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Publication Date : 15-06-2012
Uniqlo’s first Philippine store had yet to open, but Tadashi Yanai already expressed his company’s plan to open 50 stores in the country in the next three years.
Yanai, listed by Forbes magazine as the richest man in Japan, arrived in Manila on Wednesday to oversee the final preparations for Uniqlo’s much-anticipated opening at SM Mall of Asia Friday. (The main mall opens 7 a.m. Friday in anticipation of the long queue of shoppers, typical of Uniqlo store openings.)
He wasn’t staying for the opening, but Yanai, 63, chair and chief executive of Fast Retailing Inc., which owns Uniqlo, has been known for his hands-on management style, at times even working the retail floor. It’s an example that’s followed by even his most senior executives.
The billionaire businessman didn’t show any sign of wear even as his whirlwind Philippine visit had a full schedule, including a courtesy visit with President Aquino Thursday.
“The store turned out really well,” he said, visibly pleased as he surveyed the store on the second floor of MOA’s main mall, where Marionnaud and SM Kultura used to be.
Uniqlo arrives in the Philippines in partnership with SM Retail Inc.
He feels the same excitement whenever a new store opens, Yanai said, wherever that store may be.
Outside, mallers milled at the entrance of the new store, lured by the massive signages proclaiming merchandise at major markdowns (for the next two weeks, men’s denim jeans and women’s skinny jeans in a plethora of colors are marked down at 590 pesos or about US$14/pair; the popular UT tees are also discounted at 590 pesos for a week).
“It’s our hope to open 50 stores in the next three years,” Yanai said. The company is on rapid expansion globally, and it’s just starting. In the last few years, it has grown to become Asia’s No. 1 retail clothing brand.
In its bid to conquer the European market, for instance, Yanai last month introduced world No. 1 tennis player Novak Djokovic as Uniqlo’s brand ambassador.
“I’ve just always liked to compete and win against other brands or the other person,” he said when asked about his seeming insatiable appetite for success. “I want to be No. 1. Money has never been my motivation. In terms of business, I want everybody in the world to know this brand. That’s my motivation, that’s my company’s motivation. That’s why we’re working very hard.”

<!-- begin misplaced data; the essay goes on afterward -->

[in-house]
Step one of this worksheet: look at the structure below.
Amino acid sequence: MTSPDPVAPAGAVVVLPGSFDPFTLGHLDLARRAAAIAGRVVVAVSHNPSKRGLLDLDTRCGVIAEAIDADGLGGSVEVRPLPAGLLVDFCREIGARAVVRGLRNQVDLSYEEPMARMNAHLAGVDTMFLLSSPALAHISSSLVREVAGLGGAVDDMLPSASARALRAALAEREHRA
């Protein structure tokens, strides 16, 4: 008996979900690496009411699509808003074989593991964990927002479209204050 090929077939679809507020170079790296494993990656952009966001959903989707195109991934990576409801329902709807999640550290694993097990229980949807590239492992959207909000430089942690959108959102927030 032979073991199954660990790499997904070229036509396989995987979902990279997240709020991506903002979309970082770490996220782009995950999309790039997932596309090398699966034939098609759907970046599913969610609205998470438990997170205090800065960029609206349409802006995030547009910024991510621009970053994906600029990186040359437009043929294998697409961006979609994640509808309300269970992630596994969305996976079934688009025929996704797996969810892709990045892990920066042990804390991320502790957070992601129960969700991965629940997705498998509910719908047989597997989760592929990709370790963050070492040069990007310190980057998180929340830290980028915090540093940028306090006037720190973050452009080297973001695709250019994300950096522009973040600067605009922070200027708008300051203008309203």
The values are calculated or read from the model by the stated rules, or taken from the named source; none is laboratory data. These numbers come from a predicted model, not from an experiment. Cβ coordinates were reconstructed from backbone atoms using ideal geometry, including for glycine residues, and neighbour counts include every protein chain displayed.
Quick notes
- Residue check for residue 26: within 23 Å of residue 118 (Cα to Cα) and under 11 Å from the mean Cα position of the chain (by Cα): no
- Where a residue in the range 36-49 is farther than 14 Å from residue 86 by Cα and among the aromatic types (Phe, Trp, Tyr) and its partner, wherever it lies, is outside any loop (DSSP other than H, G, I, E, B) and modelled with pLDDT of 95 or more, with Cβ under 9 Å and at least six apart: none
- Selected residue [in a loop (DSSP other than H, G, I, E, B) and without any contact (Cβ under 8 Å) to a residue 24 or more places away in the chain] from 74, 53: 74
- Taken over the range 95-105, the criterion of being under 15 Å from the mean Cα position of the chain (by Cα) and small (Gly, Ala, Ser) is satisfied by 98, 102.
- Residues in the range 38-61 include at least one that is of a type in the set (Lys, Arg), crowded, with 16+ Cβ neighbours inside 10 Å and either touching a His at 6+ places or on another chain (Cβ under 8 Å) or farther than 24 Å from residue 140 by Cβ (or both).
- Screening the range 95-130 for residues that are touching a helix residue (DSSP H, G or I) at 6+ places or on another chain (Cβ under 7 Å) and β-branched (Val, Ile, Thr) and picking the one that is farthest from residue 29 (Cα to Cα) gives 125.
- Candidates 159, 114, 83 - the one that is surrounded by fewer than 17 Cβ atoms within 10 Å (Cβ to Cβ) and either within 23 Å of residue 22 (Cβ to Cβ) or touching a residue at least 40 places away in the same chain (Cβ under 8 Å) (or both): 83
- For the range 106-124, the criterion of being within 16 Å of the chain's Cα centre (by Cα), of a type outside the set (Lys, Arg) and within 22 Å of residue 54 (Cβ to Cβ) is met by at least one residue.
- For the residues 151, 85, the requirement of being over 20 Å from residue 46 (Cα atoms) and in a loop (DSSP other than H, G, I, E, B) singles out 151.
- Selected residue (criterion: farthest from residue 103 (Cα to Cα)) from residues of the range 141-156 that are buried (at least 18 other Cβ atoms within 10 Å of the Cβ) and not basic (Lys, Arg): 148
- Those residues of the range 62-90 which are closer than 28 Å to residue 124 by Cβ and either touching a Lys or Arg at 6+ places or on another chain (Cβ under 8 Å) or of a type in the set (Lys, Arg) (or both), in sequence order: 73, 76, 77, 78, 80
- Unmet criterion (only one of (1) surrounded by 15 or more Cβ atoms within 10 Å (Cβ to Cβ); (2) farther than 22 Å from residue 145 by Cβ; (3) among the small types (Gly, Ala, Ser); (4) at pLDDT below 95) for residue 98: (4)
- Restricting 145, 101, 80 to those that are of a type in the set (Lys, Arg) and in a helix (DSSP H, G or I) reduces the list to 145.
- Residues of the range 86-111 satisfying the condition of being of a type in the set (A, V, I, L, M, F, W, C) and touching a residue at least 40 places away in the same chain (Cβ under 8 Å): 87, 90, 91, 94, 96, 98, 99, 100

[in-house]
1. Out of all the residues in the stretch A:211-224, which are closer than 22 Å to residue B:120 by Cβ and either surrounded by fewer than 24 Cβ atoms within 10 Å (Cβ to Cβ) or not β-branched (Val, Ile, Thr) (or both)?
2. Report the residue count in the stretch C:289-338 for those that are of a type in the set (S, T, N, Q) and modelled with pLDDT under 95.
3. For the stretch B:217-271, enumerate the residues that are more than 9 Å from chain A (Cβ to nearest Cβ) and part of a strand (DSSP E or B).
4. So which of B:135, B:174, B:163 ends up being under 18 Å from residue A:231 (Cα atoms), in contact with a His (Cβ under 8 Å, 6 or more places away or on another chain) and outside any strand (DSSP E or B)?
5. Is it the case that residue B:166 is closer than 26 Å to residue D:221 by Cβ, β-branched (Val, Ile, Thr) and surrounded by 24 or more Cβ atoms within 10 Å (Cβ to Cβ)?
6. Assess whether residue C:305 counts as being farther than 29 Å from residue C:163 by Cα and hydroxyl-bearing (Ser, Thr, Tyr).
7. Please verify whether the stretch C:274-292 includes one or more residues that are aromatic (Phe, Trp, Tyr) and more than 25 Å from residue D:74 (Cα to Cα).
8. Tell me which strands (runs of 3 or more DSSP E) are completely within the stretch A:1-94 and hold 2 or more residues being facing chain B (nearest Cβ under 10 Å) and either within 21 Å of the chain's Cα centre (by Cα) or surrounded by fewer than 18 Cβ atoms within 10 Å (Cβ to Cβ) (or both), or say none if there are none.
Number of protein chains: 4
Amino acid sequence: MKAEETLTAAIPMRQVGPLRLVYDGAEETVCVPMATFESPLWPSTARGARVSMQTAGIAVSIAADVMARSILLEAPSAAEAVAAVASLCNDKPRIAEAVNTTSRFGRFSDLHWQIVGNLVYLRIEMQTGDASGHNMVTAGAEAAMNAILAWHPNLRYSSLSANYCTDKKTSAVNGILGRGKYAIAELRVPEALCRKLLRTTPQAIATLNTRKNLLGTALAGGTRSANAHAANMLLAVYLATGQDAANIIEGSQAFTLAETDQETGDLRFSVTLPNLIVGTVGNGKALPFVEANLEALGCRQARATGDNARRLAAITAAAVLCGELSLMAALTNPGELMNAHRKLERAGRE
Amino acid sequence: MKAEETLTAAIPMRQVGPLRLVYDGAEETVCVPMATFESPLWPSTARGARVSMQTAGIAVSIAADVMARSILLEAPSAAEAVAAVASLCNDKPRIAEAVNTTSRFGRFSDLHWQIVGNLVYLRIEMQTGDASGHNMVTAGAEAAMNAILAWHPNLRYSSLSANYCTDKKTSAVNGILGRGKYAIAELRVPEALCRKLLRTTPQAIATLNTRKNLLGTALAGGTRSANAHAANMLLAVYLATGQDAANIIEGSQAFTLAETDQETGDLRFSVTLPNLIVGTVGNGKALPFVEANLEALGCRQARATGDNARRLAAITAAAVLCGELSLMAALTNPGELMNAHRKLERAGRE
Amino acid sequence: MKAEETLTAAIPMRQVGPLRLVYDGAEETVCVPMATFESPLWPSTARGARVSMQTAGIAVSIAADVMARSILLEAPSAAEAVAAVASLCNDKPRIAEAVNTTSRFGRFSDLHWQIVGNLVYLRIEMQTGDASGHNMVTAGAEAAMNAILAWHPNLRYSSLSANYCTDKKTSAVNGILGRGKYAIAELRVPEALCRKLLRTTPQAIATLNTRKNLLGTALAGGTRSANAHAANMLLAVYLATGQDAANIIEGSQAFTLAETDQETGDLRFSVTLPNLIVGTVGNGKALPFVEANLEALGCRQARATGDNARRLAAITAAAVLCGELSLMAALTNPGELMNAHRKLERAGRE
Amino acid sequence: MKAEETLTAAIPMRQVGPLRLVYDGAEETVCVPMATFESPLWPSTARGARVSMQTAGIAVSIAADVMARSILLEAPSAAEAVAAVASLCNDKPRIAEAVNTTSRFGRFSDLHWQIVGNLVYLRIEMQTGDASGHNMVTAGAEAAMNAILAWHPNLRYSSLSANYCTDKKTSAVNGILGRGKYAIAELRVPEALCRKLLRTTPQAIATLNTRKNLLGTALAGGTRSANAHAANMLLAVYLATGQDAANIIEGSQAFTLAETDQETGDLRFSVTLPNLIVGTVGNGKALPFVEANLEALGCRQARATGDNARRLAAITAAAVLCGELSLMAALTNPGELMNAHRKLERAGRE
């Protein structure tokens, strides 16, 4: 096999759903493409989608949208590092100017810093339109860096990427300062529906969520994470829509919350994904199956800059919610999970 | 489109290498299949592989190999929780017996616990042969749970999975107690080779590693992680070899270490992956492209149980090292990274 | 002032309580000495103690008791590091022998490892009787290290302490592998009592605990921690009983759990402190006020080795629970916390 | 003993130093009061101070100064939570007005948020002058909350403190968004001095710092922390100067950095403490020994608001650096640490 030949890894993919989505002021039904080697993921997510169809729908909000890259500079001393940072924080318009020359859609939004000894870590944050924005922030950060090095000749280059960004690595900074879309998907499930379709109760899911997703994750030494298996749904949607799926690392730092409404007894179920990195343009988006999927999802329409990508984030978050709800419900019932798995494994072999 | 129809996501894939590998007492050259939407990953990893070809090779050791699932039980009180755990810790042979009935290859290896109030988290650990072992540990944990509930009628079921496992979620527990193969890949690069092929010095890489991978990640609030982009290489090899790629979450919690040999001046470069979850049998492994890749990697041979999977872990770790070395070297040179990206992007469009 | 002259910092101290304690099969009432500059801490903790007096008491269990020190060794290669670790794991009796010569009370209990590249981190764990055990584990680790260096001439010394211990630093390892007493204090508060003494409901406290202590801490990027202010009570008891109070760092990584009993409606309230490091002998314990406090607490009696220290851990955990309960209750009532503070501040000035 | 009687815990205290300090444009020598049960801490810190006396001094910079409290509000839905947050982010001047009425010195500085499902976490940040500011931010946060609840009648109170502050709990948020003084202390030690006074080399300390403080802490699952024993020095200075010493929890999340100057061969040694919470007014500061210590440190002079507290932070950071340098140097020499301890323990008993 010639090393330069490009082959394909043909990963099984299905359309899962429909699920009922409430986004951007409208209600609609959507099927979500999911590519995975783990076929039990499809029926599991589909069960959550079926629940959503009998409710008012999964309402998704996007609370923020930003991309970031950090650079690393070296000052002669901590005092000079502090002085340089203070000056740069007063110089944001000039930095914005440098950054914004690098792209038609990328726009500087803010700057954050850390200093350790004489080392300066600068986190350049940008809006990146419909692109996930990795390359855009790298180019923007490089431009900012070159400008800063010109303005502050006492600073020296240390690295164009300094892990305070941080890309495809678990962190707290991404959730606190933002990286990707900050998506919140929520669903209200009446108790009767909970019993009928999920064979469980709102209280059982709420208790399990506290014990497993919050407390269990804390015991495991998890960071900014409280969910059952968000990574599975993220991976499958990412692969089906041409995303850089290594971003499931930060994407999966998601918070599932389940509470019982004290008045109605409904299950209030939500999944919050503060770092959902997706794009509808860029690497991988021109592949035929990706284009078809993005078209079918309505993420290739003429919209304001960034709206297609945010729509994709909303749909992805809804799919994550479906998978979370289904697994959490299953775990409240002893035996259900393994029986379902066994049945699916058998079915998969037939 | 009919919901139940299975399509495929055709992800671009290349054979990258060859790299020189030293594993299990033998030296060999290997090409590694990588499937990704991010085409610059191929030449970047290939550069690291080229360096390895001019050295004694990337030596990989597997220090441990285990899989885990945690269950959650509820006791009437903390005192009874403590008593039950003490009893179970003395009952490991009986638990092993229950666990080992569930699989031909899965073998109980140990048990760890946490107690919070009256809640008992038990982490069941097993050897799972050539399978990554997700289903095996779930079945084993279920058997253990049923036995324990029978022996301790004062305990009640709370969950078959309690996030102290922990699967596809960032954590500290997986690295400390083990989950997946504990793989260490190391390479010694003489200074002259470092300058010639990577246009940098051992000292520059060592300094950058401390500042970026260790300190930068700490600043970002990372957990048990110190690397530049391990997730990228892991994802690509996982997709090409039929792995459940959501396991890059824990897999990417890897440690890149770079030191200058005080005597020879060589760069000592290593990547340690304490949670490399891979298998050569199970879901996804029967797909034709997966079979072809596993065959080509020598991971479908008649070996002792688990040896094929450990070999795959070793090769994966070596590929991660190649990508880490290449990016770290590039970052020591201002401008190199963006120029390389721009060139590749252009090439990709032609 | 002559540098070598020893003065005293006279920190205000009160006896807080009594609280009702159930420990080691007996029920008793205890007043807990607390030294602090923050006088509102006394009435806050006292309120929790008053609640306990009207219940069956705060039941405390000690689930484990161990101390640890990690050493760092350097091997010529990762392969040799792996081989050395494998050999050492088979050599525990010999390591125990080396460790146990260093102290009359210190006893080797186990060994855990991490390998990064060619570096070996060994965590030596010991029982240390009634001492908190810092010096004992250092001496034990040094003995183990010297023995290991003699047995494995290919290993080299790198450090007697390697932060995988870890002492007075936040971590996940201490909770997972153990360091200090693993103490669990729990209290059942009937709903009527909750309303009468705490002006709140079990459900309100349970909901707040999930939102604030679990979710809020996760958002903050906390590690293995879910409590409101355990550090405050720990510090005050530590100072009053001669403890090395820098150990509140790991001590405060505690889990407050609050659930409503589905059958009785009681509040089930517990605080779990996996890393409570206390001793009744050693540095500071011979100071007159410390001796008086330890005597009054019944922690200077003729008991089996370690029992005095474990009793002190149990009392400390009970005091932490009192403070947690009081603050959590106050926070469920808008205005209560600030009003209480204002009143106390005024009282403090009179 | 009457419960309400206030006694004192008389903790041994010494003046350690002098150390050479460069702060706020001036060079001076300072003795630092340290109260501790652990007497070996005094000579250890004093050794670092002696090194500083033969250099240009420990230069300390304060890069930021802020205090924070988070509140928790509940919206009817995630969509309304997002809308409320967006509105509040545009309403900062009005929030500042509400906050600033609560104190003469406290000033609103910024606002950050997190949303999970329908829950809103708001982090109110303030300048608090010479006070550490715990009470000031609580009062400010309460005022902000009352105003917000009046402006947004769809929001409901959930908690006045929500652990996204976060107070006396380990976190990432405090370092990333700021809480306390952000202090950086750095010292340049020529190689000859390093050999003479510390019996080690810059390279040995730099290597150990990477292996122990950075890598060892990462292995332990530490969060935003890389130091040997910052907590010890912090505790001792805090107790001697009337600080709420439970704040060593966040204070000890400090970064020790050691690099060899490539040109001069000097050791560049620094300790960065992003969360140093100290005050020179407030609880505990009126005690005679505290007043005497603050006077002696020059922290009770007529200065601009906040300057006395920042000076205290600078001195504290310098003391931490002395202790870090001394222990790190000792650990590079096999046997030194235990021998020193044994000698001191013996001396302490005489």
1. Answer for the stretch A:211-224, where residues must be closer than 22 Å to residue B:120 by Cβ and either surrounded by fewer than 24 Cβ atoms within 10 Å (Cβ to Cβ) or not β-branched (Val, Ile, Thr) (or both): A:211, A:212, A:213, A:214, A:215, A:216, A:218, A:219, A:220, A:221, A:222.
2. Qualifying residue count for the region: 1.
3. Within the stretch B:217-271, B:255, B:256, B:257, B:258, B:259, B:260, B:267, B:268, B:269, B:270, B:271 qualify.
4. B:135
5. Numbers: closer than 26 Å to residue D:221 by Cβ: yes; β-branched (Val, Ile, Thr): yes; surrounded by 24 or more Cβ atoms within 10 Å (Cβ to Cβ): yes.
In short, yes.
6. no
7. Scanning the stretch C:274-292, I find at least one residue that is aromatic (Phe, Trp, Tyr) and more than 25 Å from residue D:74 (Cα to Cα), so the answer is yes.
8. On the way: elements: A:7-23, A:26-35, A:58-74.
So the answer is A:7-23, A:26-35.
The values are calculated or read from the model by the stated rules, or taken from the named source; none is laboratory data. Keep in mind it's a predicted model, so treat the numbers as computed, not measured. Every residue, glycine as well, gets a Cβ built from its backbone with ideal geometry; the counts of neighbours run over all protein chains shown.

When Uniqlo opened its Tokyo flagship in March, Yanai’s staff talked about his hands-on management style. He micro-manages, they said, often perusing each new item or design that goes into production.
“You cannot manage a business from afar,” he said. “You have to be there on the floor and work with the people. I expect the same from whomever I’m leaving the business behind with.”
His heir-apparent will be a team, though, he clarified, not an individual. “I won’t hand it over to one individual and expect that individual to do everything I’m doing now.”
Yanai found a kinship with the Sy family, his local business partners, particularly Teresita Sy-Coson, vice chair of SM Investment Corp. “I’ve always felt similarities with Teresita-san,” he said. “She’s second-generation just like me, and she’s continuing the business. [The Sys] started small, and so did we.”
Apart from the unexpected sponsorship of Djokovic, Yanai said they’re also looking into tapping entertainers and Hollywood celebrities as brand endorsers. Uniqlo has previously worked with Charlize Theron and Orlando Bloom.
“Aside from being the No. 1 tennis player, for us Djokovic is the No. 1 athlete in the world,” Yanai explained of Uniqlo’s choice of ambassador. Djokovic’s civic advocacies, he added, was what clinched the deal. “He is very active in his advocacies; he has done a lot to contribute to society. He’s from Serbia, a country that has suffered a lot. After the Japan earthquake in 2011, he was very active in sending help to Japan.”
Uniqlo, Yanai clarified, isn’t expanding into tennis or performance wear anytime soon. Nor will it create tennis shoes for Djokovic, who currently wears another brand. Djokovic’s tennis whites and blues at the 2012 French Open were created exclusively for him.
In future Uniqlo campaigns, the Serb will be wearing Uniqlo’s regular merchandise. Djokovic’s five-year contract also stipulates his collaboration for product development.
On his Malacañang visit, Yanai said he planned to encourage the President to foster better relationship between Japan and the Philippines.
“I heard he’s very popular and very hardworking,” the Japanese said of President Aquino. “I’d like to wish him luck on his work.”
Yanai isn’t a superstitious man. He laughed heartily when asked if he followed a ritual to ensure a new store’s success. “I don’t believe in those things. But my wife does.”
In the early days of Uniqlo, Yanai said his wife used to go to a shrine in Japan, gather some ashes and scatter them around the stores. She has stopped doing that.
“And maybe it won’t work in other countries,” he said, smiling.
Judging by Uniqlo’s success in other markets so far, the company looks in no need of a ritual or magic spell to duplicate that triumph here.